“At the individual level, predicted medical expenditures can be lower or higher than actual medical costs, but at the group level, below-average predicted costs balance out above-average predicted costs…” [emphasis added]
This central tenet underlying the CMS risk adjustment model requires neutral selection to keep the distribution of expenditures at the group level unchanged when FFS beneficiaries switch to MA. Unfortunately, having millions of beneficiaries switch from FFS to MA while FFS enrollment declines makes it unlikely that the expenditure distribution for beneficiaries switching to MA exactly mirrors beneficiaries staying in FFS. The fact that the distribution of expenditures across FFS Medicare beneficiaries is highly skewed means that even modest degrees of biased selection can cause substantial amounts of overpayment. Favorable selection for MA occurs if switchers as a group have below-average expenditures after using risk scores to control for differences in expected spending. Changing FFS expenditures at the group level raises MA rates and increases total spending.
New research findings on favorable selection
Indeed, our new research comparing beneficiaries staying in FFS to FFS beneficiaries moving to MA during the 2006-2019 annual open enrollment periods found strongly favorable selection. Using the FFS claims data to compare expenditures of stayers versus switchers overcomes the incompleteness and other limitations in MA data, which effectively preclude comparing the health status and expenditures of beneficiaries in FFS and MA. The analysis reflects FFS claims data for a total of 402 million beneficiary-years from 2006 through 2019. Of the 16.9 million switchers during 2006-2019, 11.3 million remained in MA plans in 2020, comprising 46.9 percent of MA enrollment.
We assigned a risk score to each FFS beneficiary for each year based on the most current hierarchical condition categories (HCCs) model with CMS-provided software that accepts both ICD-9 and ICD-10 diagnostic codes (2016 v21), generating 183 different risk scores; expenditures were also converted to 2019 dollars. Even after grouping together beneficiaries with the same risk score in a year, expenditures varied widely and the distribution remained highly skewed. To measure the expenditures of individual beneficiaries with the same risk score in a year required arraying beneficiary expenditures from lowest to highest, assigning expenditures to percentiles, calculating the average expenditure for each percentile, and computing the ratio of each percentile’s average relative to the mean for that risk score. The resulting percentiles enabled quantifying how much above or below average each FFS beneficiary’s expenditures were for their risk score.
A logistic regression model analyzing the probability of switching to MA based on risk-score-adjusted expenditures found FFS beneficiaries with low expenditures are significantly more likely to switch to MA while beneficiaries with high expenditures are less likely to switch, findings consistent with descriptive results for expenditures and other characteristics of switchers versus stayers for each year from 2006 through 2019. On a risk-score-adjusted basis, annual expenditures for the 7.1 million MA beneficiaries who had switched from FFS in 2015-2019 averaged $5,409—half of the $10,865 average for all 29.0 million FFS beneficiaries in 2019. Removing the 2019 switchers from the FFS population increased the average spending for stayers by $91 (0.8 percent), to $10,956.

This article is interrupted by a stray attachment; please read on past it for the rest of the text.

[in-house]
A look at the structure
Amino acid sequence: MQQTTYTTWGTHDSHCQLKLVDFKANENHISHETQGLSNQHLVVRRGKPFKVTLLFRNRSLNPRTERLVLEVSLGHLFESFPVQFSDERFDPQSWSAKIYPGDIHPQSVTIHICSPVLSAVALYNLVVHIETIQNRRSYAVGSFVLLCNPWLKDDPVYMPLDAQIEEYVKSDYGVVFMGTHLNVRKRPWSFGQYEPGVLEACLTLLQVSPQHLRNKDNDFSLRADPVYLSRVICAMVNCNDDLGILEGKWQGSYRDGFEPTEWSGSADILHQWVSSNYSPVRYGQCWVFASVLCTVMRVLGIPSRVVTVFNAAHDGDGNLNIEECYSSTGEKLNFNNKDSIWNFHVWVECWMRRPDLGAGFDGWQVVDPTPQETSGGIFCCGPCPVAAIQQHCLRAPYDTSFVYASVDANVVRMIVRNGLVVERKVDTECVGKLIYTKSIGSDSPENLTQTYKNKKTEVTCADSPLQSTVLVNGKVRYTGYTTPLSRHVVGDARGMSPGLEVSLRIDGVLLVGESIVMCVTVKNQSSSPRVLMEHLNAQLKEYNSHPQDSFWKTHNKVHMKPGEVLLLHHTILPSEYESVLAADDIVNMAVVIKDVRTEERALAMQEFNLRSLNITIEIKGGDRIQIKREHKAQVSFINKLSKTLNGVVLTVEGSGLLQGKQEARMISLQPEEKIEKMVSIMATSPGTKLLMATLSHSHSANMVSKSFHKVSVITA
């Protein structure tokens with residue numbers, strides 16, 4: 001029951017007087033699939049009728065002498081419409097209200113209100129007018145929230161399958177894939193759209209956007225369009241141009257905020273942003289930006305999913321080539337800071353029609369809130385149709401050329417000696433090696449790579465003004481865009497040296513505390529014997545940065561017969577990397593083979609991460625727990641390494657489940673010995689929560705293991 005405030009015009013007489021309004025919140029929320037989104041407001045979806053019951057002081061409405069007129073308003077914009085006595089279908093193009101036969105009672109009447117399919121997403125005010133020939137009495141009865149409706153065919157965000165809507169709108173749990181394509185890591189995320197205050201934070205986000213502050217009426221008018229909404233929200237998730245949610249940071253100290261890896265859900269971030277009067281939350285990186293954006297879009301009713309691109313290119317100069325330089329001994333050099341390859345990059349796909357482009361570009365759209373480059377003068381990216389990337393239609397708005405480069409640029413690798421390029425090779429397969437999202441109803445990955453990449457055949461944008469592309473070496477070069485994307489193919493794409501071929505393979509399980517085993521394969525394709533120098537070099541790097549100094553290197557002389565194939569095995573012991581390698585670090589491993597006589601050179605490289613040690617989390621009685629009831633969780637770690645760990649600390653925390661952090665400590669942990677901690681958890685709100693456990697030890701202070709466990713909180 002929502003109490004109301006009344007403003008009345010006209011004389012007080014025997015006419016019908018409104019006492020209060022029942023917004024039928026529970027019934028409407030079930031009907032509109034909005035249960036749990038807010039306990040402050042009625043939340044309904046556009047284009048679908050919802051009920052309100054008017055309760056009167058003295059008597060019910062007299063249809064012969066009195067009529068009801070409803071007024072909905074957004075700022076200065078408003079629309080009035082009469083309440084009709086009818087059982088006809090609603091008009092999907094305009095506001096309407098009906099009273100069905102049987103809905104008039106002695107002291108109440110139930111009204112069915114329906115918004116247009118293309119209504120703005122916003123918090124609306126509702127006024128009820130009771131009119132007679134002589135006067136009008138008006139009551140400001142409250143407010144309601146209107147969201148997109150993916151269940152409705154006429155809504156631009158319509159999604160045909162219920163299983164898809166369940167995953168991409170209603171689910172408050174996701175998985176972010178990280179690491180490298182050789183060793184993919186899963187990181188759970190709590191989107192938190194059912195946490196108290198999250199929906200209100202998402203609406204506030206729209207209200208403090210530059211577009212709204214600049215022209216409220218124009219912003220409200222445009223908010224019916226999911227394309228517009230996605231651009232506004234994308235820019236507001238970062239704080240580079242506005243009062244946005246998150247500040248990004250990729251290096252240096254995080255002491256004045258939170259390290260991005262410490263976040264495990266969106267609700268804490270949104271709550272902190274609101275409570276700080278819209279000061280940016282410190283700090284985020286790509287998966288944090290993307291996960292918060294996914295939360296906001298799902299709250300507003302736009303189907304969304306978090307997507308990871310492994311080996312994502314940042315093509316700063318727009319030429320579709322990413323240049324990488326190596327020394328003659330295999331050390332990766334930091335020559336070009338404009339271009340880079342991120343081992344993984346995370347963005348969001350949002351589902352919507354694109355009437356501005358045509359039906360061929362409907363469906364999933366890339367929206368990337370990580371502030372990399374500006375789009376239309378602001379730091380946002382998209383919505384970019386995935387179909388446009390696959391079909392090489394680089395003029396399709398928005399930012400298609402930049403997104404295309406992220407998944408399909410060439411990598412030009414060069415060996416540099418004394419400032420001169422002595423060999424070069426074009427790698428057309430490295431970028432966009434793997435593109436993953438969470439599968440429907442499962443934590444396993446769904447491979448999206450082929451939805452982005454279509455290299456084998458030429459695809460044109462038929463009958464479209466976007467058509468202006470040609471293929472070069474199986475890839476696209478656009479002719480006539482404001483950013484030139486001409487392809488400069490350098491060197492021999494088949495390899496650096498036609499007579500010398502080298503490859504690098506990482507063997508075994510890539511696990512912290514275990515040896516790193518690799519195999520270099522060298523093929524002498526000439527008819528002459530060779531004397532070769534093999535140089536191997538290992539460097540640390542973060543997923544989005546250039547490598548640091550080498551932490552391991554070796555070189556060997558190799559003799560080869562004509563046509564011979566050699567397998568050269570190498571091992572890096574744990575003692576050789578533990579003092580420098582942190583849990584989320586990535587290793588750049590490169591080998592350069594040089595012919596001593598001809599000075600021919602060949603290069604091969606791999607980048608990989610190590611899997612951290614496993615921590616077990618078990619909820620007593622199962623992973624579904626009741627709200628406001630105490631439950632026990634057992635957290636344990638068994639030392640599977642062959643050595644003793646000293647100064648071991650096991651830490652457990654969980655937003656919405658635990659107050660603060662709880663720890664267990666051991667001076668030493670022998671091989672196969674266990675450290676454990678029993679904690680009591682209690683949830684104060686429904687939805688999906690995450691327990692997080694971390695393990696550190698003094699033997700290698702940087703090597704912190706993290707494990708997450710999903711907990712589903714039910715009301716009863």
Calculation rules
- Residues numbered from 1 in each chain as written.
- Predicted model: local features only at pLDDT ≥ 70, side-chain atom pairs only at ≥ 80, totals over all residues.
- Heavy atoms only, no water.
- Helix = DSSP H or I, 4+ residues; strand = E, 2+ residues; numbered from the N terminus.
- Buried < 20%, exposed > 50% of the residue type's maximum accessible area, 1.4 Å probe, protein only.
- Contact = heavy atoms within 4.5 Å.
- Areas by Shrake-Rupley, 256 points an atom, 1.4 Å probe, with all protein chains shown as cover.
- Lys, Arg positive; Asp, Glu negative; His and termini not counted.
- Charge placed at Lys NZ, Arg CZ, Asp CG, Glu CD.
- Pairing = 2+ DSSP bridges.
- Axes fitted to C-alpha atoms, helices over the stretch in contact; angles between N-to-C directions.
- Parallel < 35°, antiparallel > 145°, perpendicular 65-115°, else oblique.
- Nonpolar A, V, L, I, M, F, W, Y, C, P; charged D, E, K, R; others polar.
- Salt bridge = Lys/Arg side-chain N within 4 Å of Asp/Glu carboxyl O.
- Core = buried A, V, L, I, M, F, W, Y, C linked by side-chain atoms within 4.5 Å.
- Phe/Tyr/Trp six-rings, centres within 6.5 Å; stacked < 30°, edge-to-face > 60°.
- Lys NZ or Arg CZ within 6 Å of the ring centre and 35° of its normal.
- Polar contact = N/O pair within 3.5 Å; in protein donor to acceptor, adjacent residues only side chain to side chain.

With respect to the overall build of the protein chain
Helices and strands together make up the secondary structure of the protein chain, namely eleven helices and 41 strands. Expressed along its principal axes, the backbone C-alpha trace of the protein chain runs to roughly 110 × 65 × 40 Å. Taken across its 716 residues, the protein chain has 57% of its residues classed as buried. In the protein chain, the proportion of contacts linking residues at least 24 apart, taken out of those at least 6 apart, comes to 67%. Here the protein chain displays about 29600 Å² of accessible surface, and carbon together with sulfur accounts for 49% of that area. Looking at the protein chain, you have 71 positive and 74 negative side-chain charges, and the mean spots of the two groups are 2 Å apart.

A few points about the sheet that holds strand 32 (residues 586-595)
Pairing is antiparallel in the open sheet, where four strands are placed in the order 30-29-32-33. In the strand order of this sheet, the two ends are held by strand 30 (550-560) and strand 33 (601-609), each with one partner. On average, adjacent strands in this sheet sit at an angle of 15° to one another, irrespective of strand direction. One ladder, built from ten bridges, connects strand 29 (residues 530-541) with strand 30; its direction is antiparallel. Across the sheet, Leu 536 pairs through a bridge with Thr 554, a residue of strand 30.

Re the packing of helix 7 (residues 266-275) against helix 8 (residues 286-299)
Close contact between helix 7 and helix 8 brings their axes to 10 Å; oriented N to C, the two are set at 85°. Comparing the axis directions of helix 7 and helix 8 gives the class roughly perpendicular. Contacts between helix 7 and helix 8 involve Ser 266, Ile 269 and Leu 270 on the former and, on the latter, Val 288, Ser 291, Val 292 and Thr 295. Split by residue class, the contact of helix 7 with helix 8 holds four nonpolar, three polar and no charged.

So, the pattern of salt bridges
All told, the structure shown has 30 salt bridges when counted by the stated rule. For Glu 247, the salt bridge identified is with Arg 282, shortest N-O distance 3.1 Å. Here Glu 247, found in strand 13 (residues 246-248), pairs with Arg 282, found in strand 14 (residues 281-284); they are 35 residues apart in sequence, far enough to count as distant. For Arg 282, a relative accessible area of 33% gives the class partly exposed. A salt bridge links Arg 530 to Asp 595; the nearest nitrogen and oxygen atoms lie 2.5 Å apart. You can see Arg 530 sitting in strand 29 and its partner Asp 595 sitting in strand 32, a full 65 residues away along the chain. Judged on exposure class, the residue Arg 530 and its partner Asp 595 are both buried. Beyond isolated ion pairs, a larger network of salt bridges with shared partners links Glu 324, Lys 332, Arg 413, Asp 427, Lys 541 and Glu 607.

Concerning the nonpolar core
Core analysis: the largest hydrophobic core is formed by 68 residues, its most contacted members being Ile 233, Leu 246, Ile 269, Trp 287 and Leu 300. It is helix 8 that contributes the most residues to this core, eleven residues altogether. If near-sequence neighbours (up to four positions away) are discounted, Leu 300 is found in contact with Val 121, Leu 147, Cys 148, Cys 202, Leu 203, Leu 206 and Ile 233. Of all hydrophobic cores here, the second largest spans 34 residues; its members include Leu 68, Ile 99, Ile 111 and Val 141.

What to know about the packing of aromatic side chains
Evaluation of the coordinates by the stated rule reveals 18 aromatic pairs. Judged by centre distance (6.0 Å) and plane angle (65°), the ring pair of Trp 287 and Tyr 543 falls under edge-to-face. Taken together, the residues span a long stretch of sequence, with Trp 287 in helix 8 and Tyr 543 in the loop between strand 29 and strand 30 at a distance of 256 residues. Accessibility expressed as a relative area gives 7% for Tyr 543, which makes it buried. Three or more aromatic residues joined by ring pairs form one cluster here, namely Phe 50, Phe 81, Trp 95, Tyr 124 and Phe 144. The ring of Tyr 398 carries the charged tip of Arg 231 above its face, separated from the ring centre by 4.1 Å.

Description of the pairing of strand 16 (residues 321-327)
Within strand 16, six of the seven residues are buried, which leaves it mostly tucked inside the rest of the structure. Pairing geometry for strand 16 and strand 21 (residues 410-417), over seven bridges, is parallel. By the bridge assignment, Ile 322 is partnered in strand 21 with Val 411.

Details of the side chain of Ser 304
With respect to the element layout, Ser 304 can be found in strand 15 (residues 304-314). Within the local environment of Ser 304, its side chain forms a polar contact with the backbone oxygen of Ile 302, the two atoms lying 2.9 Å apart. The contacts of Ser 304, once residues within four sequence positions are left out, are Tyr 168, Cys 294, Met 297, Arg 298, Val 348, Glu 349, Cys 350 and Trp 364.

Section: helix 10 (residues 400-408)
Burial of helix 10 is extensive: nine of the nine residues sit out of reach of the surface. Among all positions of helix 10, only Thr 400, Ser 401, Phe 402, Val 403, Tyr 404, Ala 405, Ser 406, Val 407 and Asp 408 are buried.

Out of 16.9 million beneficiaries switching from FFS to MA in 14 annual cohorts, 11.3 million switchers remained enrolled in MA in 2020. However, the most recent five annual cohorts (2015—2019) of switchers accounted for 7.1 MA beneficiaries in 2020 (29.5 percent of enrollment). Each annual cohort of switchers cumulatively influences the total impact of favorable selection, although below-average risk-score adjusted expenditures are likely to tend to move closer to average over time—regress to the mean.
As an order-of-magnitude estimate, overpayments from favorable selection equaled 14.4 percent of payments to MA plans in 2020; an alternative assumption of a quicker “regression to the mean”—the process by which an enrollee’s above- or below-average spending (adjusted for risk score) in one year often returns to the mean in subsequent years—lowers the estimated overpayment to 13.2 percent. The 14.4 percent overpayment estimate implies $40.9 billion in 2020 MA overpayments from favorable selection.
Applying the growth in MA spending projected by the Medicare Actuary increases the estimated overpayment in 2023 to $59.3 billion. Combining MA overpayments from favorable selection with the MedPAC estimate of overpayments from other factors suggests excessive payments to plans total about 20 percent, or $75 billion, per year. Importantly, the estimate of favorable selection reflects significant limitations and simplifying assumptions, making it an order-of-magnitude approximation rather than a Congressional Budget Office-style cost estimate.